Cerebral Wnt and Insulin Signaling

LRP6-mediated Wnt signaling, synaptic function and amyloid pathogenesis

Alzheimer's disease (AD) is an age-related neurological disorder characterized by synaptic loss and dementia. The low-density lipoprotein receptor-related protein 6 (LRP6) is an essential co-receptor for Wnt signaling, and its genetic variants have been linked to AD risk. Despite these implications, the molecular mechanism by which LRP6 regulates AD pathogenesis is poorly understood. Using a myriad of techniques, including cell biology and animal models, the lab has demonstrated that impairment of the Wnt and LRP6 pathway elevated abeta production and exacerbated amyloidogenesis. In addition, this pathway plays an essential role in regulating synaptic integrity and functions even in the absence of amyloid pathology.

LRP1 regulation of brain insulin signaling and glucose metabolism

Type 2 diabetes mellitus, a metabolic disorder characterized by insulin resistance and glucose intolerance, significantly increases the risk of developing AD. Whereas abeta deposition and neurofibrillary tangles are major histological hallmarks of AD, impairment of cerebral glucose metabolism precedes these pathological changes during the early stage of AD and likely triggers or exacerbates AD pathology.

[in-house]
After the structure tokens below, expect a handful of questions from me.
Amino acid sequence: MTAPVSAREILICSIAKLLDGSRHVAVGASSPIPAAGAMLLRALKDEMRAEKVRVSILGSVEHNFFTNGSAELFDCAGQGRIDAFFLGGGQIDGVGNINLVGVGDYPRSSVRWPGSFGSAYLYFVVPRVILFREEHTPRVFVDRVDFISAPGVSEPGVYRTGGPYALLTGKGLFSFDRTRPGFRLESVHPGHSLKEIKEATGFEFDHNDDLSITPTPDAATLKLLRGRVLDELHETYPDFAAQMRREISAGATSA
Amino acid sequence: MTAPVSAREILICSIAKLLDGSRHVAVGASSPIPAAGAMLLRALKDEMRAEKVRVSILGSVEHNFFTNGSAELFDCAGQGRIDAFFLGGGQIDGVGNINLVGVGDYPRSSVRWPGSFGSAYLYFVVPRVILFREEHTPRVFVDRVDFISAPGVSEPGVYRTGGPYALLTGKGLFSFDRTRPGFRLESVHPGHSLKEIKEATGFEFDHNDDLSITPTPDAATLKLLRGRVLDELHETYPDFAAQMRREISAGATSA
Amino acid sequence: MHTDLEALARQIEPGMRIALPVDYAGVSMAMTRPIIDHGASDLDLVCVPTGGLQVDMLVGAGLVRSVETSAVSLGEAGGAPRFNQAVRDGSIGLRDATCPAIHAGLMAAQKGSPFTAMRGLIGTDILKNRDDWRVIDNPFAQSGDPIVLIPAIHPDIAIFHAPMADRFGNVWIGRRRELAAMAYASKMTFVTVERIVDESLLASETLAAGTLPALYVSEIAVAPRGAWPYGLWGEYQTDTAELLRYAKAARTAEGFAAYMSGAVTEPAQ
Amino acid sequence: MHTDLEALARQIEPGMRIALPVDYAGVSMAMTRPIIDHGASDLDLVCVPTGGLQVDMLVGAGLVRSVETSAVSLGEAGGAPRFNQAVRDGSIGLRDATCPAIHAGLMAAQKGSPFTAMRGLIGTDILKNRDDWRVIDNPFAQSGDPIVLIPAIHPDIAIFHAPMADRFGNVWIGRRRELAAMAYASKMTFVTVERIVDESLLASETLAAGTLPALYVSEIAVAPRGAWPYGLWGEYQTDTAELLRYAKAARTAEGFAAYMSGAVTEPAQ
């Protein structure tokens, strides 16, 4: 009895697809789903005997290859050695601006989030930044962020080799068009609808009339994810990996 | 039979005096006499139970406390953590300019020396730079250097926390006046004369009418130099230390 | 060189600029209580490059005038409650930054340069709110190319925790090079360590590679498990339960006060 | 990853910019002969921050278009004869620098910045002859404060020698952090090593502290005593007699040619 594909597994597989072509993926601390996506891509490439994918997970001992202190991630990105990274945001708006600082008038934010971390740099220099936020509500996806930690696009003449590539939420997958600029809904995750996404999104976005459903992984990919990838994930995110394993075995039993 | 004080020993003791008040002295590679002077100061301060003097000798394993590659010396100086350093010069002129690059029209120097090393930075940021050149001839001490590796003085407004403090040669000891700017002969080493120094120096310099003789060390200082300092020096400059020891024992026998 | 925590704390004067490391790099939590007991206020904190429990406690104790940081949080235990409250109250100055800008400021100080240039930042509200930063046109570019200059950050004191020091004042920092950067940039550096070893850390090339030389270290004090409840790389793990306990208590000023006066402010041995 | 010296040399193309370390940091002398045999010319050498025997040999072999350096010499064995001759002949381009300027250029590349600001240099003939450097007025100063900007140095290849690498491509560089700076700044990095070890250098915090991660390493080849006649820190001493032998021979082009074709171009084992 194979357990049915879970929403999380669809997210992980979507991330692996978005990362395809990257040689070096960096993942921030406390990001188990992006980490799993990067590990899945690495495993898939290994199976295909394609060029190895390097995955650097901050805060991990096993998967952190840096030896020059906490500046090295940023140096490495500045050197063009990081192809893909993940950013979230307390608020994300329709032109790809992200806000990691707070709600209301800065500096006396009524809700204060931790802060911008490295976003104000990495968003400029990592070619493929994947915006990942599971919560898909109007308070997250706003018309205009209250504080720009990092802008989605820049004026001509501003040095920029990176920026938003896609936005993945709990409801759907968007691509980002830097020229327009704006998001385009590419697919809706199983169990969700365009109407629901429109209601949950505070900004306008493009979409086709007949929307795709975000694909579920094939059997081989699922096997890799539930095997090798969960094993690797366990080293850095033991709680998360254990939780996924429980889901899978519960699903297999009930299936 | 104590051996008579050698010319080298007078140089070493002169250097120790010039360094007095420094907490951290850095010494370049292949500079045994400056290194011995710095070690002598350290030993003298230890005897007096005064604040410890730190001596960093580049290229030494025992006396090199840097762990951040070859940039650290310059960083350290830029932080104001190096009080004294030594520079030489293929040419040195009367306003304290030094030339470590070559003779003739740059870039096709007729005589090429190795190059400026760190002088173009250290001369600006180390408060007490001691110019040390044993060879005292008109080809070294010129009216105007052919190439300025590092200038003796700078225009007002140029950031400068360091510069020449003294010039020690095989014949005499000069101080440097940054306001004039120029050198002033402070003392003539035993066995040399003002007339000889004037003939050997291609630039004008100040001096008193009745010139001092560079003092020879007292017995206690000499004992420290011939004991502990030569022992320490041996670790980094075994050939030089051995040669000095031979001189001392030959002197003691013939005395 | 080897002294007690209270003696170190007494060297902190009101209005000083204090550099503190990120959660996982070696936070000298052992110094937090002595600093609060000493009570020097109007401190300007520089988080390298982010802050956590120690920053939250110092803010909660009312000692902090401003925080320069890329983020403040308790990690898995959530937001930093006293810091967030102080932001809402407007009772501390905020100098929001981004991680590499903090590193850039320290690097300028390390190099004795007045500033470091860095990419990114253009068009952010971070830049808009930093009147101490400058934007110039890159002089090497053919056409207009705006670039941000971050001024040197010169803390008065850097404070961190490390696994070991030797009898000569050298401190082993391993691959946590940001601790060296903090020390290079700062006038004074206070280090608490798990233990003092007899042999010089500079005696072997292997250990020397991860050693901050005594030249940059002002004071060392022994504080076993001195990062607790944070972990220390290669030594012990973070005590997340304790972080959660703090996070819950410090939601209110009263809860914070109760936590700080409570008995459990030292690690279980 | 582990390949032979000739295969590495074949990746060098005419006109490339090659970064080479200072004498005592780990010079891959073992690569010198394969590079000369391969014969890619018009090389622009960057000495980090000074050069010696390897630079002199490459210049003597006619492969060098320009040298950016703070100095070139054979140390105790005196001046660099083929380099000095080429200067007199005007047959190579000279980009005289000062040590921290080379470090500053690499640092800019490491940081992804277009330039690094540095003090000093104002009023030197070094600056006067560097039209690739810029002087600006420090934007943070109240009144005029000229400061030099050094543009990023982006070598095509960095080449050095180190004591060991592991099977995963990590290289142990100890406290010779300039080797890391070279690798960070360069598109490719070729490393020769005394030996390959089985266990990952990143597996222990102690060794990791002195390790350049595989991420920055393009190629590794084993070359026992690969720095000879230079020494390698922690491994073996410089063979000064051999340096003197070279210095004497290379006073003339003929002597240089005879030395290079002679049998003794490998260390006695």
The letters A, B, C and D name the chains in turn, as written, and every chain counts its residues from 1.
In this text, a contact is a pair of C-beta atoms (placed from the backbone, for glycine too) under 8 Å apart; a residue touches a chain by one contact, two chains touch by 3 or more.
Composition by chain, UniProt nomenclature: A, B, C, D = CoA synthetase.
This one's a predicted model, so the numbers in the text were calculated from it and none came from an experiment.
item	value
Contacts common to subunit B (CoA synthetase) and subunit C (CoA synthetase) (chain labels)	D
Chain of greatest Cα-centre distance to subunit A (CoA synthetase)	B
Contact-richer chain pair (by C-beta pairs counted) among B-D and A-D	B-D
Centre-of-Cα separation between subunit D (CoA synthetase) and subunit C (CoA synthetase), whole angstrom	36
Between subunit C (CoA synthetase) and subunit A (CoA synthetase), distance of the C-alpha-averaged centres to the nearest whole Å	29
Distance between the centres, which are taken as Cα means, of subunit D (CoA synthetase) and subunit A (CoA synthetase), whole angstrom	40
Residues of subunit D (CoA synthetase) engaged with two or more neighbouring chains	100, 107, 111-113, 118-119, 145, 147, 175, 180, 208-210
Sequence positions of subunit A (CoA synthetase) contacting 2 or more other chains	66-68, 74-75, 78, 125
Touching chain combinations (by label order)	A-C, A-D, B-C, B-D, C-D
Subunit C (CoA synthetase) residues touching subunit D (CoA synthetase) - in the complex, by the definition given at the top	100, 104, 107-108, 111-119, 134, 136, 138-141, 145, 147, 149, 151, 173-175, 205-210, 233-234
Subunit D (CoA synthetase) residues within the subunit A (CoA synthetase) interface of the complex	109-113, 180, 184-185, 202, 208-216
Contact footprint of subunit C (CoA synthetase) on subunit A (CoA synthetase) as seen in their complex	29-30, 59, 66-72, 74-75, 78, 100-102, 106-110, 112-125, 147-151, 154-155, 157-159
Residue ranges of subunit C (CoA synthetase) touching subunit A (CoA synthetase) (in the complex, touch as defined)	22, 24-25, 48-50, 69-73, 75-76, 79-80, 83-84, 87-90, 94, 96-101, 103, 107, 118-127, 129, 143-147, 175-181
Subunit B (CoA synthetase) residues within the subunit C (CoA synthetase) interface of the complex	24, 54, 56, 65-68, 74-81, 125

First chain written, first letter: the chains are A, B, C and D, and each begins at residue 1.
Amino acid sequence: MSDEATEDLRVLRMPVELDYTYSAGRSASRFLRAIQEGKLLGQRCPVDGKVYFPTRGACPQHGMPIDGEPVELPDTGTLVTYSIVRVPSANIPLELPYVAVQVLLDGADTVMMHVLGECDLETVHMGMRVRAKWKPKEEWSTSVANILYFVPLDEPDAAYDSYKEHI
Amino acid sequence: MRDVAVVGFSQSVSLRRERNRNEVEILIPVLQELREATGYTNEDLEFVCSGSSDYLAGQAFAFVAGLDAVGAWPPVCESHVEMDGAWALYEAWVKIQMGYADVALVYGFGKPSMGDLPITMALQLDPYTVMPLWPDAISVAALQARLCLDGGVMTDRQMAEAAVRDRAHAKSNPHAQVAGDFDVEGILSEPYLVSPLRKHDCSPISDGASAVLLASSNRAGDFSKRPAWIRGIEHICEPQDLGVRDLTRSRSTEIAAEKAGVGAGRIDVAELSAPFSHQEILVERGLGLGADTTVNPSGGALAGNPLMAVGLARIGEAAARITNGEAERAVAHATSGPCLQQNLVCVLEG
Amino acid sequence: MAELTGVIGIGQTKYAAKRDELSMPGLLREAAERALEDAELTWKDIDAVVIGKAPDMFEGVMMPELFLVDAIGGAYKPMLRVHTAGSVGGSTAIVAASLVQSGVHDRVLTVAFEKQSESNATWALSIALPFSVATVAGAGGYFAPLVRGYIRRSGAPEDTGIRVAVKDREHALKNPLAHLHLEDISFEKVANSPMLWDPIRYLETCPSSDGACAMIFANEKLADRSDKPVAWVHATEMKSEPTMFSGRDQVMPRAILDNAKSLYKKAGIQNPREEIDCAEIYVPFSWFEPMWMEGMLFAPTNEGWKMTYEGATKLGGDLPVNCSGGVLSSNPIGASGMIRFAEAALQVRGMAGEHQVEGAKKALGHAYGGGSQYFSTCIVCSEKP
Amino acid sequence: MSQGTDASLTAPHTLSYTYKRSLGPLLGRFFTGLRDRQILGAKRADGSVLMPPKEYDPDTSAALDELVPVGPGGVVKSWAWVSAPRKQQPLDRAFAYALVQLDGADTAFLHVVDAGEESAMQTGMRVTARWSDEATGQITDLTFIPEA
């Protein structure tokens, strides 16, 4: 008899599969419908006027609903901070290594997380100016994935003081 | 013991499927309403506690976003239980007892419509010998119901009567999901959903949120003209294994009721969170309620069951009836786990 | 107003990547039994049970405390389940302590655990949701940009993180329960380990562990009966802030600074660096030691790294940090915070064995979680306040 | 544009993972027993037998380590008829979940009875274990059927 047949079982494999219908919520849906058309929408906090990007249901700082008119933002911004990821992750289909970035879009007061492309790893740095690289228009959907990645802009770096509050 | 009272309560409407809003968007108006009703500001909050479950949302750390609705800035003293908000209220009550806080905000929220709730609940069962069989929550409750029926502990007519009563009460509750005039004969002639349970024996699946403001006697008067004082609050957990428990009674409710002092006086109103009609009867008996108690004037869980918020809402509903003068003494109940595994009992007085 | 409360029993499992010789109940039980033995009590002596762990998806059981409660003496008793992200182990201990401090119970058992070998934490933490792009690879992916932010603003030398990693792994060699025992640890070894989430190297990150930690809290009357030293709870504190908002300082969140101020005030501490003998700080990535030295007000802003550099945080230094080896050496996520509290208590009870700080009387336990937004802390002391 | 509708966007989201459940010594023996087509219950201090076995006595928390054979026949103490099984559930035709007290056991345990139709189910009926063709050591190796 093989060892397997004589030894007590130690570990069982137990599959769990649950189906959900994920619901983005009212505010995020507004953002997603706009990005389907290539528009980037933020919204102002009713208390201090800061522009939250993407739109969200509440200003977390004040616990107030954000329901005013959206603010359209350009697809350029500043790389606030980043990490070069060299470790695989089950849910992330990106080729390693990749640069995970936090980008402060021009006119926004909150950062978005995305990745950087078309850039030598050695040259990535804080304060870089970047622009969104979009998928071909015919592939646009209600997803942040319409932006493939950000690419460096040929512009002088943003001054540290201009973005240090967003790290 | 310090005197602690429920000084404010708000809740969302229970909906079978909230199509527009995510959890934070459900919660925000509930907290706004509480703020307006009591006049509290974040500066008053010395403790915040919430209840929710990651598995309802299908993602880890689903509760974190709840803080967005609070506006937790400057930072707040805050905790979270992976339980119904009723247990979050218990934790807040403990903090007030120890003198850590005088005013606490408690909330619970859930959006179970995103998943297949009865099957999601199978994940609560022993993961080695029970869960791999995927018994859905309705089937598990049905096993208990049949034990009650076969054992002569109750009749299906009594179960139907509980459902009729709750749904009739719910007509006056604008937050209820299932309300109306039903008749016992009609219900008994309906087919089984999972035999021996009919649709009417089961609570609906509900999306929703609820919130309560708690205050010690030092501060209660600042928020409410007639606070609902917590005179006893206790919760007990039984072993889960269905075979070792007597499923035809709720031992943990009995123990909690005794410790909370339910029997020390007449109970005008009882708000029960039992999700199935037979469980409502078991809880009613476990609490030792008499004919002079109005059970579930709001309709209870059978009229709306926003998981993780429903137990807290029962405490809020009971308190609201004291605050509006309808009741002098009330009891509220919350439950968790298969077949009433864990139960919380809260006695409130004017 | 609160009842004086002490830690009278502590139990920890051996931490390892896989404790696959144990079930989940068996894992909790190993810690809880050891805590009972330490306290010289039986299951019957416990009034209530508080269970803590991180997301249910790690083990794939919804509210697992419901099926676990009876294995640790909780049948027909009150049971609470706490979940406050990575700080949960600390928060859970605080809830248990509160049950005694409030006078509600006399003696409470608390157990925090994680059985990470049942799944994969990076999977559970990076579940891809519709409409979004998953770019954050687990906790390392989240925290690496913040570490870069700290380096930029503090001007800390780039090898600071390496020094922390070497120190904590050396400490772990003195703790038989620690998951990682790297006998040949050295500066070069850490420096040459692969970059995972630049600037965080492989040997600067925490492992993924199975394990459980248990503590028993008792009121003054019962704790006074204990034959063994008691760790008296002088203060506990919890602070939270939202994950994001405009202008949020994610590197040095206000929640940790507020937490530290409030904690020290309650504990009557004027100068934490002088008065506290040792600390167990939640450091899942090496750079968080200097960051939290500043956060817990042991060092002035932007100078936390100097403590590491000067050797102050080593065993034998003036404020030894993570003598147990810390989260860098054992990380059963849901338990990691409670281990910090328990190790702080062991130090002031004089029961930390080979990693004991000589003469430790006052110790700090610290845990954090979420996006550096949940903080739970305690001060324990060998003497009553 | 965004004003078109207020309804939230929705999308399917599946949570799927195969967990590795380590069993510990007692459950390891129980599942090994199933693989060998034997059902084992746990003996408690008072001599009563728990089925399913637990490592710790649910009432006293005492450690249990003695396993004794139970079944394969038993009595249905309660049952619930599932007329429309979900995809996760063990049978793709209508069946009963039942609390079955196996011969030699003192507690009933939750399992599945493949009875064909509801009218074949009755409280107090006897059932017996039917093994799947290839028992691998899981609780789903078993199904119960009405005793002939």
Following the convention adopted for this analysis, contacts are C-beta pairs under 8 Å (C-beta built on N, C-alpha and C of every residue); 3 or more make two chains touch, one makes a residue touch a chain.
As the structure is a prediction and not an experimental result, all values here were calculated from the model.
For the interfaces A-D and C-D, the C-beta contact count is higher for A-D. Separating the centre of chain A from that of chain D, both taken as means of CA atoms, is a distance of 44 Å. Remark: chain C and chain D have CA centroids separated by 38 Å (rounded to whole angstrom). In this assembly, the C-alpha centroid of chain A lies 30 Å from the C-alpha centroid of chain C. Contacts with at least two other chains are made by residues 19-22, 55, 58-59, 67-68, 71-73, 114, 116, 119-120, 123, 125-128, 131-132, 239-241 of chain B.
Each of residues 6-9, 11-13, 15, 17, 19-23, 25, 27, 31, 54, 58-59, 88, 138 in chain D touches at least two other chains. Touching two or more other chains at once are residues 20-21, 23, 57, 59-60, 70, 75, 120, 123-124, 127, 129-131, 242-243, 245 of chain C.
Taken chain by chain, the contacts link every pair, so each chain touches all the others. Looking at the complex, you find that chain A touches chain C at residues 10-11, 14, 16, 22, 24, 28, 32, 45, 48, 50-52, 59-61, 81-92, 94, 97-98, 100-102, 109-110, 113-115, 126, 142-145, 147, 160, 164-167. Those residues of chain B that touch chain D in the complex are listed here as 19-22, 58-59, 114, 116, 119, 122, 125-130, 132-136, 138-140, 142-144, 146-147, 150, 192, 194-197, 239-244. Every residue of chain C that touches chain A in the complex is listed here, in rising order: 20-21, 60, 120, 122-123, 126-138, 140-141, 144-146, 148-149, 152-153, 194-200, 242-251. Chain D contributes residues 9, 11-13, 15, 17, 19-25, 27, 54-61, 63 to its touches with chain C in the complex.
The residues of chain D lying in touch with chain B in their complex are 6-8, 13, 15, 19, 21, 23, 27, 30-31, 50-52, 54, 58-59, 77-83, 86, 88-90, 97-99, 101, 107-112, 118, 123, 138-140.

However, the mechanisms linking dysregulated insulin signaling with glucose metabolism and AD pathogenesis remain unclear. LRP1 plays critical roles in lipoprotein metabolism, synaptic maintenance and clearance of abeta in the brain. Dr. Bu's lab has further demonstrated that LRP1 interacts with the insulin receptor beta subunit in the brain and regulates insulin signaling and glucose uptake. LRP1 deficiency in neurons leads to impaired insulin signaling as well as reduced levels of glucose transporters, and consequently, glucose uptake is reduced. Using an innovative technique to sample brain glucose concentrations in freely moving mice, the lab observed that LRP1 deficiency in conditional knockout mice resulted in glucose intolerance in the brain. Interestingly, hyperglycemia suppresses LRP1 expression, which further exacerbates insulin resistance, glucose intolerance and AD pathology. Since a loss of LRP1 expression is seen in AD brains, this pivotal study provides novel insights into insulin resistance in AD.